Monday, May 23, 2011

So You Think You Can Dance Know What The Poor Wants?

Think again.

Let's say we provide the poor with cash money transfer, what do you think the poor would spend that money for? I bet that many of us would think that the poor would buy more basic staple food, like rice, or perhaps to pay for education fee for their kids, because, rightly so, the poor has low calorie and nutrition intake and low education status.

But suppose we found out that the money is spent for buying more cell-phone card credit, pulsa HP, what would you think?

Some, or perhaps many, of you would get mad and deem this act as unacceptable. The poor must buy more food or basic education, you insist, because it would help them out of poverty.

Let me take different view nonetheless. First, perhaps they're not as starving or badly in need for education as you think. Second, even if they indeed have low calorie intake and education status, in their calculation, ability to communicate with friends and relatives using cell-phone gives them more pleasures and utilities.

And I am OK with this. I believe that the poor knows what they're doing.

As simple as it may seems, you probably could not easily share this view -- you think you know what the poor has to do more than they do. Or even, you think the poor folks don’t know what needs to be done with that additional money.

In this interesting article, Abhijit Banerjee and Esther Duflo of MIT, with their extensive experience on poverty researches around the world suggests that such oversimplifying and paternalistic view on the poor is probably of little use. So is any well-intended poverty reduction reform based on that standpoint.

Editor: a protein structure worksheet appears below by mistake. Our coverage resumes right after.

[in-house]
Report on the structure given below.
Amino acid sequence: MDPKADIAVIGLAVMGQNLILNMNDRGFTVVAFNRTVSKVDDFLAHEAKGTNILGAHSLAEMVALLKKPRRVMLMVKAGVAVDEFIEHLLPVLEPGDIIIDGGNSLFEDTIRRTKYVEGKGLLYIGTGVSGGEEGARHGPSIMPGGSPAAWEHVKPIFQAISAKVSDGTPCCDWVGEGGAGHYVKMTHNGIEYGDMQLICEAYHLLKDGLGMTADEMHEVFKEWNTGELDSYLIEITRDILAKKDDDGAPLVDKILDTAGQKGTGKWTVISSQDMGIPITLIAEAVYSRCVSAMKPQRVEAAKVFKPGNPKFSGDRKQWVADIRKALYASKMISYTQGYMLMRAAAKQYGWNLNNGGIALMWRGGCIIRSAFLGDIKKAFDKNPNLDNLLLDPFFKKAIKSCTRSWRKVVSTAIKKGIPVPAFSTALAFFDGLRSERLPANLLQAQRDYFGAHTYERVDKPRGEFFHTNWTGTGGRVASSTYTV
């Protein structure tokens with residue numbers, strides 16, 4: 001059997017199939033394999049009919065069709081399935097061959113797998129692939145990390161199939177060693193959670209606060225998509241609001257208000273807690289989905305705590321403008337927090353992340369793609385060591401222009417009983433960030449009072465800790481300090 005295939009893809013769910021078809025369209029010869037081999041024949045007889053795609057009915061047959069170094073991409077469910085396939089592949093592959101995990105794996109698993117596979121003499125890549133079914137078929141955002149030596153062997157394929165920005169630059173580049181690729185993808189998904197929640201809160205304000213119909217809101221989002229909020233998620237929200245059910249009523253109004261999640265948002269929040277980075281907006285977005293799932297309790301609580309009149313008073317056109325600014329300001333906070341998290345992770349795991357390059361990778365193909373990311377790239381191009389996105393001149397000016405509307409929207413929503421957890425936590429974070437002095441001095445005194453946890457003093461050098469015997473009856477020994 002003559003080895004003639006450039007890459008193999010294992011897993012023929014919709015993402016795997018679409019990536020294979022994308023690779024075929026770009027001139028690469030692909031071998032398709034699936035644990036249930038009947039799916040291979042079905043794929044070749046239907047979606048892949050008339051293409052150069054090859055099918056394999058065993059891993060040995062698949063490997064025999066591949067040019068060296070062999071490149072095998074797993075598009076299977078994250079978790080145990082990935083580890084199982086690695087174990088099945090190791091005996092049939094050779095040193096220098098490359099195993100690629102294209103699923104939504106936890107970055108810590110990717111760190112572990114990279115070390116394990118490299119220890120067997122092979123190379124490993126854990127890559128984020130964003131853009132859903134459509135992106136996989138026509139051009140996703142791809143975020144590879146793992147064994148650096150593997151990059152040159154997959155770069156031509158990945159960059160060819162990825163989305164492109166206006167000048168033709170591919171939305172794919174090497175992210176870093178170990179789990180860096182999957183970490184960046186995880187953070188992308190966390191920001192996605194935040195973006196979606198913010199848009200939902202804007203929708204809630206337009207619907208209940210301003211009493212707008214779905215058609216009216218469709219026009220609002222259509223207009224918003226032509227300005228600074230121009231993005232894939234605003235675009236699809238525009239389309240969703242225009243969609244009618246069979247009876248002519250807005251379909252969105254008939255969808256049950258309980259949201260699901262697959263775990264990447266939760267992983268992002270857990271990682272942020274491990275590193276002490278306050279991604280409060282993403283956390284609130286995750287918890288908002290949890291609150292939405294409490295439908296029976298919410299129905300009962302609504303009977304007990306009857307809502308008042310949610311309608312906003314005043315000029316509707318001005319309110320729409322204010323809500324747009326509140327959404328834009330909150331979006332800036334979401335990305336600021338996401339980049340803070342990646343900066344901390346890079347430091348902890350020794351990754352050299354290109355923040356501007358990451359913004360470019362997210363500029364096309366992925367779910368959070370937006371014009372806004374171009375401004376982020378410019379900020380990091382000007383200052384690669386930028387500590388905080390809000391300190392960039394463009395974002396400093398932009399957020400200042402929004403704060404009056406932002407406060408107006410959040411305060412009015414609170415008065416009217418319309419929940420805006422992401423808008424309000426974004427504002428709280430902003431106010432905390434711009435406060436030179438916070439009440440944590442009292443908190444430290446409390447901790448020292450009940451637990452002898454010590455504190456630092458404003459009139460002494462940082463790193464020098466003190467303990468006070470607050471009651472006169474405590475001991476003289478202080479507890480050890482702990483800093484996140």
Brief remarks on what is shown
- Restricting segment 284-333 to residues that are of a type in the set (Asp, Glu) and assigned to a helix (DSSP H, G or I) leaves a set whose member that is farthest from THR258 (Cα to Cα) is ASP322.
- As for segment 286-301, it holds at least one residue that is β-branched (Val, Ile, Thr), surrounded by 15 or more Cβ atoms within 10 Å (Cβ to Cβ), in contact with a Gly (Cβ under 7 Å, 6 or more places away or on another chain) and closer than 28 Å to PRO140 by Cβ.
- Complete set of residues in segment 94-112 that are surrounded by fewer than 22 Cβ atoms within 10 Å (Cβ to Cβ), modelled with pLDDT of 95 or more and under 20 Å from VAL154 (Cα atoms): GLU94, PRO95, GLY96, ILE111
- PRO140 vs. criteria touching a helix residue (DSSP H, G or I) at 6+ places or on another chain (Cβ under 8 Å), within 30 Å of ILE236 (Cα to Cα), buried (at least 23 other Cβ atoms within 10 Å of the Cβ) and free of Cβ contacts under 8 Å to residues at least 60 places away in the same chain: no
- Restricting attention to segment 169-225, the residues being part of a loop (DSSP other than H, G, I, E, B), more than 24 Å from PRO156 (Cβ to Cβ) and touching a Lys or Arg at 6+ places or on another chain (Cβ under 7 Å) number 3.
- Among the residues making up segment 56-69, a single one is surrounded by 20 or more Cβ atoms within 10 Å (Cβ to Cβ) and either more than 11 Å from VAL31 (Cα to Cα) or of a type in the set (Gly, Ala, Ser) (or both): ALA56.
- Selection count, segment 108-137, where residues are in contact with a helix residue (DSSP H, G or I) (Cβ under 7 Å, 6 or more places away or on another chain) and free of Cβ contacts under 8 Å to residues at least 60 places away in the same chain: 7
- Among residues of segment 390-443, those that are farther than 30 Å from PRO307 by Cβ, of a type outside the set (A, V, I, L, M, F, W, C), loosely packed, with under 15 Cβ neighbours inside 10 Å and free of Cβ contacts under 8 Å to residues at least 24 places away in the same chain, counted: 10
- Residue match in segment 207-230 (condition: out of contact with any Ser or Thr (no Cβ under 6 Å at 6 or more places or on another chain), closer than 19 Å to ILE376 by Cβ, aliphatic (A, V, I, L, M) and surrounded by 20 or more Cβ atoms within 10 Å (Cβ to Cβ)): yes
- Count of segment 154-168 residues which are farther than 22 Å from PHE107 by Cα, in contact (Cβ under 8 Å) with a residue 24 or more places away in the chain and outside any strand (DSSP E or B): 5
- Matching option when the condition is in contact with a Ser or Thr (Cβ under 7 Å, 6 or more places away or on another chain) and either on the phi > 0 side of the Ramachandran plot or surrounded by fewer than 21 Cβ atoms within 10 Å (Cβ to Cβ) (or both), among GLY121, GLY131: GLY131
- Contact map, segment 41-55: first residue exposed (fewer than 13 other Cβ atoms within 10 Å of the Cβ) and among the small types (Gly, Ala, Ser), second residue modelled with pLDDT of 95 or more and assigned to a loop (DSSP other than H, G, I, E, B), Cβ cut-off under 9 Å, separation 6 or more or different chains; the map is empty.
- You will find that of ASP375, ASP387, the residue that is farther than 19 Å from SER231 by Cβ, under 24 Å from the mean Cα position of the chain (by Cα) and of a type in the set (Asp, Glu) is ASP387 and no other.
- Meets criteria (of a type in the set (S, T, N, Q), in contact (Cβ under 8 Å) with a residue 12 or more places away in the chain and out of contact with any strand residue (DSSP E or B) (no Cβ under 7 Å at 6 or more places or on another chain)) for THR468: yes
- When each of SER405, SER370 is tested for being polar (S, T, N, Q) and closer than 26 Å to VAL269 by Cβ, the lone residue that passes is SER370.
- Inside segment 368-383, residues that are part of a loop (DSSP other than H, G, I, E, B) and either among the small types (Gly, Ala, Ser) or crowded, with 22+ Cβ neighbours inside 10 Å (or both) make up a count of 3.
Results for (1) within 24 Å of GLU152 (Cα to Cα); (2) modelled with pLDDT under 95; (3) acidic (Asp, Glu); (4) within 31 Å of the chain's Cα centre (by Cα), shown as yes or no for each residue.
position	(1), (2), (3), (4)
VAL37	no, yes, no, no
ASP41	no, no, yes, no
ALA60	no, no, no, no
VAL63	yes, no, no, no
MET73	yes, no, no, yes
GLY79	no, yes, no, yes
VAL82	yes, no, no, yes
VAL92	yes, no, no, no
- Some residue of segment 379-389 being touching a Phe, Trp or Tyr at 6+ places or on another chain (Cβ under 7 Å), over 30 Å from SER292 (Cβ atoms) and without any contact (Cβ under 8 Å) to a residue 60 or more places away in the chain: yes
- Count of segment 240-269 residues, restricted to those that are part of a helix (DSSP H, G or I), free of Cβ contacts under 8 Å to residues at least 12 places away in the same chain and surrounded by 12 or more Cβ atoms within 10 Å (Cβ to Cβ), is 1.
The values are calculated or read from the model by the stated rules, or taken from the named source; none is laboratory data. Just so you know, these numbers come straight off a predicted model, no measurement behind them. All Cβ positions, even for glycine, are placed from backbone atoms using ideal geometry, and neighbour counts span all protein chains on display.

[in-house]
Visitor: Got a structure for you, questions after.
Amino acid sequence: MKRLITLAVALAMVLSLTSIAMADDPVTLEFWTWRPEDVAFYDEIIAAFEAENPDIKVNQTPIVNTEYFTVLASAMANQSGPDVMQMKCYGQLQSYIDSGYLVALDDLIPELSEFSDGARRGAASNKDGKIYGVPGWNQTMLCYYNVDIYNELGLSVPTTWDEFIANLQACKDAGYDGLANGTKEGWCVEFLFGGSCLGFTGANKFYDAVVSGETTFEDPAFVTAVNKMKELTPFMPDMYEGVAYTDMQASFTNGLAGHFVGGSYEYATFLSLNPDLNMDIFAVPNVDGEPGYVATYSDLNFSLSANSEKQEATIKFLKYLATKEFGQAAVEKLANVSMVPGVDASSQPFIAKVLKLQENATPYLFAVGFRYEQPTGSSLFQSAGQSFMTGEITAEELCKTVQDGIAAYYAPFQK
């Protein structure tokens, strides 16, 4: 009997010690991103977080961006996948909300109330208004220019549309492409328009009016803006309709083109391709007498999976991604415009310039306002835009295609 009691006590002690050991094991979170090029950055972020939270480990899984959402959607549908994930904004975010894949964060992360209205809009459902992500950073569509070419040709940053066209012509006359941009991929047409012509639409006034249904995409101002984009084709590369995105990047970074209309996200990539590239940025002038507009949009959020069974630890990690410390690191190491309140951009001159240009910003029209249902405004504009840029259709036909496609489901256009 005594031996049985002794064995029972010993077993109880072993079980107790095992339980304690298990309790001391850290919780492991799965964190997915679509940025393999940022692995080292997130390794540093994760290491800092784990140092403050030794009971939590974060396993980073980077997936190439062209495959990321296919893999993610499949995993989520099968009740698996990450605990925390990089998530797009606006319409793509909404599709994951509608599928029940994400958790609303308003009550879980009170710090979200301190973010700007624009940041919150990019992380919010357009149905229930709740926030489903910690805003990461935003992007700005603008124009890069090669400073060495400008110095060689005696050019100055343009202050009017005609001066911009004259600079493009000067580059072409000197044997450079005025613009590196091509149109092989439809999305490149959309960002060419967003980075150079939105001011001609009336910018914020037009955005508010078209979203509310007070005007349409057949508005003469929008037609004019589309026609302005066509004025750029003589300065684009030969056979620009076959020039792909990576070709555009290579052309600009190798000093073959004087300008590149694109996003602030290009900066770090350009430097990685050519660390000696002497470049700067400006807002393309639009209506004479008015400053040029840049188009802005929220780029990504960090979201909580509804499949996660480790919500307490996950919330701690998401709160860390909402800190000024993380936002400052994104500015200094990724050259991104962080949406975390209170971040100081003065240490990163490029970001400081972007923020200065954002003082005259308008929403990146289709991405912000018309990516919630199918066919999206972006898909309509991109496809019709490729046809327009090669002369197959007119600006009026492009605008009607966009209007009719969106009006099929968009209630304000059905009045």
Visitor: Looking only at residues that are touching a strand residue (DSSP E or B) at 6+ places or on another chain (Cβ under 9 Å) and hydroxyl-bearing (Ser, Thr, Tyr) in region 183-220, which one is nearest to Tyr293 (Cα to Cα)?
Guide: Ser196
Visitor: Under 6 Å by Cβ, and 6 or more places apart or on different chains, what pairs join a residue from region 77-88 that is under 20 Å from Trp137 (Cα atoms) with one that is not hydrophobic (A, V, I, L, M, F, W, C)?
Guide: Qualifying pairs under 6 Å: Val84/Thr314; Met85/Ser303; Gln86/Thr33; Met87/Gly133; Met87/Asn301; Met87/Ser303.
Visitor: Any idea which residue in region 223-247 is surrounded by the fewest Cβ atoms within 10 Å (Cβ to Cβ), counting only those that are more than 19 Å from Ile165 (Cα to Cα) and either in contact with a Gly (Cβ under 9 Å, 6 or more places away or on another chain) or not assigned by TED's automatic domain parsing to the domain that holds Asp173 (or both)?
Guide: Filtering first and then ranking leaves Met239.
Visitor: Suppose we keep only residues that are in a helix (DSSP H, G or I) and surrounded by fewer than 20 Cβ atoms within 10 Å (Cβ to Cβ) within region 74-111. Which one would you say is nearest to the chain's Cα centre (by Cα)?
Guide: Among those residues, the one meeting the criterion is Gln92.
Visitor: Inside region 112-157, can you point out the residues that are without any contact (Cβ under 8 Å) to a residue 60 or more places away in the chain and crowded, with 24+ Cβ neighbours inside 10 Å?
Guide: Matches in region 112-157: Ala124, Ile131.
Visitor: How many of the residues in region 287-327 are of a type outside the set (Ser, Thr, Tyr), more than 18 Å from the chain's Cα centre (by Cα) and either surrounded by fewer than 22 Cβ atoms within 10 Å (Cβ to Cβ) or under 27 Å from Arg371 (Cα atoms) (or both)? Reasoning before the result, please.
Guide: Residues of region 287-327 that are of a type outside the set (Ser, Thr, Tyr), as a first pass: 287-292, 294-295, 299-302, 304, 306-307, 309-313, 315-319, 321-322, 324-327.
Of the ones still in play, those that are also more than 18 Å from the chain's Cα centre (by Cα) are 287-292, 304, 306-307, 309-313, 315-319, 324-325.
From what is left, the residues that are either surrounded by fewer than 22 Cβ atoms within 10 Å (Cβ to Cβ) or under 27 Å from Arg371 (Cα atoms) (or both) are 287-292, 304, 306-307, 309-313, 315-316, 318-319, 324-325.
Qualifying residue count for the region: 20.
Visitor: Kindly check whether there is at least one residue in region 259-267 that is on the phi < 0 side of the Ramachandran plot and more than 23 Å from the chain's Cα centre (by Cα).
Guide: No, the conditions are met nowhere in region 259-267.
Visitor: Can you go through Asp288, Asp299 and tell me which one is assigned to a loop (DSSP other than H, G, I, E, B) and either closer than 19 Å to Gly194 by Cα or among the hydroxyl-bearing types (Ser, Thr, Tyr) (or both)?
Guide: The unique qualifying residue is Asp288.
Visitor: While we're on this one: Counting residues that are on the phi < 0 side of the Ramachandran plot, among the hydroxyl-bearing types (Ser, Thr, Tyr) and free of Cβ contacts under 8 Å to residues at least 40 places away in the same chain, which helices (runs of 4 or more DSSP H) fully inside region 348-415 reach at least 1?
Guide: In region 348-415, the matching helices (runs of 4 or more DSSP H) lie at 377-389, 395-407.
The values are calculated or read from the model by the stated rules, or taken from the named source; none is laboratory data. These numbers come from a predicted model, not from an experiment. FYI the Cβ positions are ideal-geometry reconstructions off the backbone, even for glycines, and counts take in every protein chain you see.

Yes, more nutrition and education would eventually lead to better productivity, hence income, and less poverty. But probably the poor has different expectation. There is one paragraph in that article that I would love to quote in full.
…We often see the world of the poor as a land of missed opportunities and wonder why they don't invest in what would really make their lives better. But the poor may well be more skeptical about supposed opportunities and the possibility of any radical change in their lives. They often behave as if they think that any change that is significant enough to be worth sacrificing for will simply take too long. This could explain why they focus on the here and now, on living their lives as pleasantly as possible and celebrating when occasion demands it… (Bold is mine)
Granted, their decision to buy more cell-phone credits, or TV set to watch infotainment, or to carry out lavish traditional and/or religious party is perfectly understandable.

Econ 101 tells you that if you want to maximize the recipient's utilities, you should not set any conditions on your money transfer -- and let them decide to buy whatever gives them higher utilities. But if the objective is to maximize your utility (as the giver), you can impose specific conditions for the recipient to get the money to make sure you get what you want – e.g you demand the poor spend the money to buy rice because it satisfies your belief that more calorie is what the poor needs.

Now a million dollar question would be which one matters more -- your utility or their utility?